A lot has been written about the great Asian opportunity. True success will be determined by the ability to separate the reality from the hype.
During every visit to the Asia-Pacific region, I am always amazed by two things: how much it has changed since my last trip, and how richly diverse the region is.
It can be tempting to think of Asia as a single entity in business terms: A perfect storm of e-commerce opportunity and challenge, driven by an explosion in mobile penetration and fueled by a millennial population growing in wealth.
But the facts are more nuanced.
Most parts of the Asia Pacific region have emerged into the internet age as a fully-fledged mobile society. For many consumers, the first experience of a connected world was via the screen of their mobile device. They leapfrogged desktop and went straight to mobile.
This generation of hyper-connected consumers have a high propensity for technology, and are early adopters of new gadgets and mobile services.
eBay’s own data tells the story: Globally, 42 percent of our business is now conducted on mobile, but in some Asian markets, that figure is almost 70 percent.
But despite the digital disruption happening in almost all of the region on an unprecedented scale, especially in rural areas, the Asia Pacific region is by no means a single market populated by like-minded consumers.
It is a complex region, developing in a multi-country fashion. The needs, habits and buying trends of consumers vary from country to country. To fully take advantage of the opportunities the region offers, recognizing and responding to those differences is crucial.
A good example of this is South Korea, where eBay is the market leader and the e-commerce market is fairly robust. There, driven by market demands, we have expanded into new categories, including fresh food, and groceries.
eBay’s leadership team and I visited Seoul last week, and we were invigorated to meet so many driven, mobile-first, digital colleagues – who are also consumers in one of the most connected markets in the world, with each owning more than two devices.
From there, we went to Japan, another entirely different and equally exciting market. I met with eBay sellers — entrepreneurs with access to high quality, manufactured products, brands and luxury items — who are embracing eBay as a global shop front, allowing them to reach buyers in 201 different markets.
The contrast between the two countries was striking, and that is true right across all the major Asia Pacific markets.
Our focus in China, a mature market, has been on growing cross border trade and helping our sellers to expand globally with a combination of local support, innovative software solutions and data.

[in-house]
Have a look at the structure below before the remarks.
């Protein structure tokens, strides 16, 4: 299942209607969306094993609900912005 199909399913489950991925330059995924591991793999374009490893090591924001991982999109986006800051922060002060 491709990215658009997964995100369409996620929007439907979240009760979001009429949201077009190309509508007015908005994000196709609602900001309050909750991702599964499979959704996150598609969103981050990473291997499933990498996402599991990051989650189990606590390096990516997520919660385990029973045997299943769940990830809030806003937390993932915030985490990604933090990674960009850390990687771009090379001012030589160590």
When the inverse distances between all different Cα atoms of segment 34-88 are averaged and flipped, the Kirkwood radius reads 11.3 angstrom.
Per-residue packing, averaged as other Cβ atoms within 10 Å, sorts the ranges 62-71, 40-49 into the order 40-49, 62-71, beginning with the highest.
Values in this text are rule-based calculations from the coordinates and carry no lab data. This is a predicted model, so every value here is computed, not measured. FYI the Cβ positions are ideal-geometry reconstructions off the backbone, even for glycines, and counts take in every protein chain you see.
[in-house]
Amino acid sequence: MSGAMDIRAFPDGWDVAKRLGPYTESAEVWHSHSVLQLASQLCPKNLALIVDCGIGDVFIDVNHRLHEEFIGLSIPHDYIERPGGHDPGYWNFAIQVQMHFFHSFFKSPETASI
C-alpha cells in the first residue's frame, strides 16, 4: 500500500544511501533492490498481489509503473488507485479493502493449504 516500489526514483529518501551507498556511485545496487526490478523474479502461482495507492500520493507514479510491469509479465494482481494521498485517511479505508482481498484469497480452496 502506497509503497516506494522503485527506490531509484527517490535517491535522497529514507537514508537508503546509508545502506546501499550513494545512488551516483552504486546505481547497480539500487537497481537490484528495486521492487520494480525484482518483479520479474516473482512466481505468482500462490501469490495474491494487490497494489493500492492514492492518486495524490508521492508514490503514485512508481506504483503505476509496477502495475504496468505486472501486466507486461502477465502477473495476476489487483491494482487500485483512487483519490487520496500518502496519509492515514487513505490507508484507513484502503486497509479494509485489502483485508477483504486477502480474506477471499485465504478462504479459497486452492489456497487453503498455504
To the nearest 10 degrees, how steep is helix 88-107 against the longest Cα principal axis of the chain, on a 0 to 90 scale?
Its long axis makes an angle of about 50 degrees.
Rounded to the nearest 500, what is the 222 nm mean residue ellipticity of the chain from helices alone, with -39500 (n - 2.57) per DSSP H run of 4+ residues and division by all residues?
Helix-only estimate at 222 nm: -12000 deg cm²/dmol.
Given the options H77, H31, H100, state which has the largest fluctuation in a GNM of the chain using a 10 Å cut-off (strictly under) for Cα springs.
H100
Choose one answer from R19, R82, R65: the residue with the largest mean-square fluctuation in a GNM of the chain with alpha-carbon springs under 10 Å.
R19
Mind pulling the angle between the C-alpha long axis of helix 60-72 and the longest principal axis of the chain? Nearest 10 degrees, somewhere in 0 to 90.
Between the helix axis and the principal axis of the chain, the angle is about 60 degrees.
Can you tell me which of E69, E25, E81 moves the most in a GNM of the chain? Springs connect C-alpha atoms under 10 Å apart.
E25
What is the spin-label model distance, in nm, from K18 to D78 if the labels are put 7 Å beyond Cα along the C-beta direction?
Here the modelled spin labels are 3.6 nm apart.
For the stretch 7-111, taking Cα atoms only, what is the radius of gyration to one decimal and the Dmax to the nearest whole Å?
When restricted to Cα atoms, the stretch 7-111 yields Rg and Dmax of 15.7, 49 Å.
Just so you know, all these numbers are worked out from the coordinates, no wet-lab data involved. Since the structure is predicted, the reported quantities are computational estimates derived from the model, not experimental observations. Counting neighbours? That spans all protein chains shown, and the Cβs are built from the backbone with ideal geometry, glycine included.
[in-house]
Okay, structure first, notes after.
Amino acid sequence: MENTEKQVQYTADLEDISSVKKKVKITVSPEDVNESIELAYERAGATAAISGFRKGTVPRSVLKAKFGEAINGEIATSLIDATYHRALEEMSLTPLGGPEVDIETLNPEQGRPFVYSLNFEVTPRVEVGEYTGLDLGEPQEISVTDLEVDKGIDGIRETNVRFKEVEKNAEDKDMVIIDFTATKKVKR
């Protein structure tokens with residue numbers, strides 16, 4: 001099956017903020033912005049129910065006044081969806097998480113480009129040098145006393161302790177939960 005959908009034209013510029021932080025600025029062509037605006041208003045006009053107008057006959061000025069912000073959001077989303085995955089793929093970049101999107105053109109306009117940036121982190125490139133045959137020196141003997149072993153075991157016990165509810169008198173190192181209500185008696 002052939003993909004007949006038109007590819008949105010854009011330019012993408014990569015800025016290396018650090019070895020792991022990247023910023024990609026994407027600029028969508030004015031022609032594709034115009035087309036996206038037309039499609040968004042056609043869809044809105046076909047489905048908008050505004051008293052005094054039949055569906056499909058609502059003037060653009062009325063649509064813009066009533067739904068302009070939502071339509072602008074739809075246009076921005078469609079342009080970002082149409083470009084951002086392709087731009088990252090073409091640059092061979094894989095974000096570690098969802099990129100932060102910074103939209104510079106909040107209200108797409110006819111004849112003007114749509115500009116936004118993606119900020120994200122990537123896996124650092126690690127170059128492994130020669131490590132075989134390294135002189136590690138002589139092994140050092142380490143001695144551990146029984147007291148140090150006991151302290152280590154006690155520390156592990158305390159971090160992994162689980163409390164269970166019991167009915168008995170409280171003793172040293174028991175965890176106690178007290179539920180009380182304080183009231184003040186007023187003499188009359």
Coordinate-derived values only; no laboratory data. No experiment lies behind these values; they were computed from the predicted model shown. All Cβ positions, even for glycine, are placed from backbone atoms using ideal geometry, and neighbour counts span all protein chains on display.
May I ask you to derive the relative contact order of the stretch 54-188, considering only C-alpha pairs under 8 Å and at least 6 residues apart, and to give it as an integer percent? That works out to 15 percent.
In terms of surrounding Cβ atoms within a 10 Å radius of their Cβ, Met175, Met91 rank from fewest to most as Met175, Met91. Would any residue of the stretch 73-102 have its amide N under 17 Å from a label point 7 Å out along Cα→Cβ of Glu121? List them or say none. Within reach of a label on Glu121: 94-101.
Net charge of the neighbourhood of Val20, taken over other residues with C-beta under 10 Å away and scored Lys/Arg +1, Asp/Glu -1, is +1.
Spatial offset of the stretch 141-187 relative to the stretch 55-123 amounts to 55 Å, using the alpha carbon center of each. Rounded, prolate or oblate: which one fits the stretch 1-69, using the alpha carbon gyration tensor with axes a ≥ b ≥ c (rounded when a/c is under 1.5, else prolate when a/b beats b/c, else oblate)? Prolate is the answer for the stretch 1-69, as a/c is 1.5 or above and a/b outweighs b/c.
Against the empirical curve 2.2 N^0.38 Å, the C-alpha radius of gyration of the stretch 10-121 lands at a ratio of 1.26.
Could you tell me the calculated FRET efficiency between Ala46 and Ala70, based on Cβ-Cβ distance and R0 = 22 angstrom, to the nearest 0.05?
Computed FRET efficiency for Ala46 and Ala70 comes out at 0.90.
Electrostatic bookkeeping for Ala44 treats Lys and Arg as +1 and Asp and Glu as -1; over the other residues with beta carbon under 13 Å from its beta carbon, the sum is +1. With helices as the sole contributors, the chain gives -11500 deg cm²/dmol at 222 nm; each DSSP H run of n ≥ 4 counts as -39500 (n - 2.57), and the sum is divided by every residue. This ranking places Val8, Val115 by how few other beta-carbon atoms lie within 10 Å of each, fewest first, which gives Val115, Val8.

In neighboring India, which is newer to e-commerce, distinct consumer preferences are emerging, including cash on delivery, installment-based buying plans and personalized interaction with customer service representatives. India remains one of the biggest e-commerce growth opportunities in the region and is attracting a lot of investment. There’s plenty of hype, but there’s also a good deal of reality in India. We’re investing appropriate amounts to grow the eBay brand, and the buyer acquisition has been strong.
I believe the market in Southeast Asia, which is fairly new to e-commerce, will explode with rising mobile usage, though it is currently fragmented with mostly local players.
Moving east to Australia, where there is a concentration of big brick and mortar retailers, we have partnered with 37 of the leading 50 retailers, who see our platform as their doorway to a connected world. Given the unique market dynamics, this is a complimentary strategy to our focus on small businesses on our platform.
In each of these markets, individual national players are emerging as strong forces. But it is unlikely to be a winner-takes-all market. The opportunity is big enough, and the growth is explosive enough, to drive multiple winners.
Longer term though, market forces, opportunity to scale and cross border trade will, I believe, drive consolidation.
As with many aspects of the relationship between East and West, some of the business practices and strategies that took root in Asia are moving West — such as promoted listings. And certain Western approaches are also taking root in Asia – such as cross border trade and fulfillment/loyalty bundles.
eBay’s strategy across the region involves taking advantage of those synergies; keeping up with the pace of innovation; staying agile and flexible; planting seeds in emerging markets; building strong local teams, and partnering aggressively to improve localization and traffic.
A lot has been written about the great Asian opportunity. True success will be determined by the ability to separate the reality from the hype. For businesses prepared to look beneath the surface, there’s no denying the scale of the possibilities. eBay is “all in.”